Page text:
2. See also Kanto Prasad v. fagot Chandra, 1897 ILR 23 Cal 335 (338).
3. Muhammad Sulaiman v. Badru-ud-din, AIR 1940 Lab 309 (310), following Madhabi v. Ganganendra, (1905) 9 CWN 111 (113).
39.14. A case of implied admission of the accuracy of a map arose long ago in Calcutta.1 In that case, a civil amin made a local inquiry as to the situation of certain disputed lands with reference to the Collectorate map put in by the plaintiffs. Admission of the map was objected to by the defendants, who were present and recognised the boundary indicated as the boundary where on an inquiry was to be made. It was held that the map must be taken to be one which the parties recognised as correct and trustworthy, irrespective of the question whether it was or was not prepared with the authority of the Government.
1. G.N. Chaudhri, 21 WR 115 (Cal).
39.15. Presumption rebuttable.-
The presumption in section 83 (as in the other sections in this group), is based on the maxim that official acts are performed regularly. It will be presumed that Government, in the preparation of maps and plans for public purposes, will appoint competent officers to execute the work entrusted to them, and that such officers will do their duty. Thus, survey maps are official documents prepared by competent persons and with such publicity and notice to persons interested as to be admissible and valuable evidence as to the state of things at the time when they were prepared. They are not, however, conclusive, and may be shown to be wrong; but, in the absence of evidence to the country, they are judicially receivable as correct when made. Maps made for a particular purpose are not so presumed, as they are made post-litem motam.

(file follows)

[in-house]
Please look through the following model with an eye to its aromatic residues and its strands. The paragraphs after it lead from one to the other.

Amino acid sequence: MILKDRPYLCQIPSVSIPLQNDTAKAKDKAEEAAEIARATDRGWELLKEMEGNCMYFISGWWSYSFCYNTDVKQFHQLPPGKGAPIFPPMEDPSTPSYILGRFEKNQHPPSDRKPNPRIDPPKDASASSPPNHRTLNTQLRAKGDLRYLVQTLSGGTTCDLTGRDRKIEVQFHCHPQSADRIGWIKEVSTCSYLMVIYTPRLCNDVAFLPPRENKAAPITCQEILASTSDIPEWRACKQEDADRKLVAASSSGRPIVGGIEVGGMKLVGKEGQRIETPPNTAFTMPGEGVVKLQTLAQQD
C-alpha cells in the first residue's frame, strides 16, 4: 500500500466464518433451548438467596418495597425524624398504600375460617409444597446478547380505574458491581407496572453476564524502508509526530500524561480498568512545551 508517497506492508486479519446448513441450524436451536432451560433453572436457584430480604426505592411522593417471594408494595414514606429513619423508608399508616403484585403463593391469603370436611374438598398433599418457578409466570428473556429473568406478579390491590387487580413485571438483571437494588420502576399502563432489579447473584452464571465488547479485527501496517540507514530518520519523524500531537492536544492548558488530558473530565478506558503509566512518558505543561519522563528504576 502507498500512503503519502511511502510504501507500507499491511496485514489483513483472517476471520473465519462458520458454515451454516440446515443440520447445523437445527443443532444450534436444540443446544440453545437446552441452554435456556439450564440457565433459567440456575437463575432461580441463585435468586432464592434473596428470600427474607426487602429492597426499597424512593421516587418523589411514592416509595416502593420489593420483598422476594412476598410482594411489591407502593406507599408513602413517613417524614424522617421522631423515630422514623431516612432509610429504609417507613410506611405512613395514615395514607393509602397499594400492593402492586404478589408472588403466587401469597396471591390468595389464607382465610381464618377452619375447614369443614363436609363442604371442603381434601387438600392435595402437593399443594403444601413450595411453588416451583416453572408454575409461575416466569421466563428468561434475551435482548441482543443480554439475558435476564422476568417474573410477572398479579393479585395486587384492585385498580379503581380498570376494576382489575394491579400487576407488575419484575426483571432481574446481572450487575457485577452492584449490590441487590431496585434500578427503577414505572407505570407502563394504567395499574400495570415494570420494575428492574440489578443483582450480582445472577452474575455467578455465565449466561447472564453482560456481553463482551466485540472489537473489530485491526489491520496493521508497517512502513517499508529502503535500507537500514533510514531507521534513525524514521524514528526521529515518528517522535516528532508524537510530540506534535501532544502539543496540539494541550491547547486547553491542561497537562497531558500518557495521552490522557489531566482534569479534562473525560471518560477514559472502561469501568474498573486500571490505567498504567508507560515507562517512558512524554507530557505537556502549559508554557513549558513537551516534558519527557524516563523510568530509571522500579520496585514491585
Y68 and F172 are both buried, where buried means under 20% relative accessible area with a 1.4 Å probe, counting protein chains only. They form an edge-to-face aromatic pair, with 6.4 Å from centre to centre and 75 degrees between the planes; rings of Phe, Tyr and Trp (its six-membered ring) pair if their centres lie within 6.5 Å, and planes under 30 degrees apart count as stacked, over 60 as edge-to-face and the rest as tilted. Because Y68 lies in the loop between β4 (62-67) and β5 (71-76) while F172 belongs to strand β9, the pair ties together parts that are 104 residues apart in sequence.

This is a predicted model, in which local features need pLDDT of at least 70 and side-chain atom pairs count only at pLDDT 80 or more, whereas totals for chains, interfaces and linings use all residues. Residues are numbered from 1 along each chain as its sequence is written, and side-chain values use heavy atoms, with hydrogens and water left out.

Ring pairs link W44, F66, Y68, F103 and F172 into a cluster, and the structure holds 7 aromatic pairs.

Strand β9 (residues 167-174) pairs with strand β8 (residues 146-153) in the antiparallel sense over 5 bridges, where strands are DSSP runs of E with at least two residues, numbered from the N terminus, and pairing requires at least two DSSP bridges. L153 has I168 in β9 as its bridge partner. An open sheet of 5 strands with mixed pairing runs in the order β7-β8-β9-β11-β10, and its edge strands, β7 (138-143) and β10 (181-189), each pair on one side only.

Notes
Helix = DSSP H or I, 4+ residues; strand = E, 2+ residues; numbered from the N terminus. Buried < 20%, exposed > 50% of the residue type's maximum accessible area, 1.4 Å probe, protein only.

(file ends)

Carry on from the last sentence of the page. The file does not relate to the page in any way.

39.16. Charts to be added-Recommendation.-
This section does not mention charts. However, for the reasons which we have stated while discussing an earlier section1 we recommend that charts should also be added in this section.
1. See discussion relating to section 36.
Section 84, which is derived from a similar provision in the previous Act in force in India on the law of Evidence,1 deals with certain books relating to the law of "any country"-the books mentioned are-
(a) a book purporting to be printed or published under the authority of the Government of such country and to contain any such law, and
(b) any report of a ruling of the courts of such country contained in a book purporting to be report of such ruling.
The provision is that the court shall presume the genuineness of such books. The presumption under the section is rebuttable. It is also to be noted that this section does not deal with relevance. It merely dispenses with the proof of the genuineness of official collections of laws and official or unofficial law reports. How far they are relevant is dealt with in section 38.
1. Evidence Act, 1855 (2 of 1855).
39.18. In this section, the words "any country" are wide enough to cover India, and it is not proposed to disturb the section by excluding India. We are mentioning this because, under an earlier section.1 We have made a recommendation to exclude 'India'. That section deals with the relevancy of statements as to law, and since relevancy is a question of fact, that section, in so far as it covers Indian law, is out of harmony with the mandatory provisions2 under which the court shall take judicial notice of Indian law. In the result, section 84 may be retained as it is.
1. Section 38.
2. Section 57.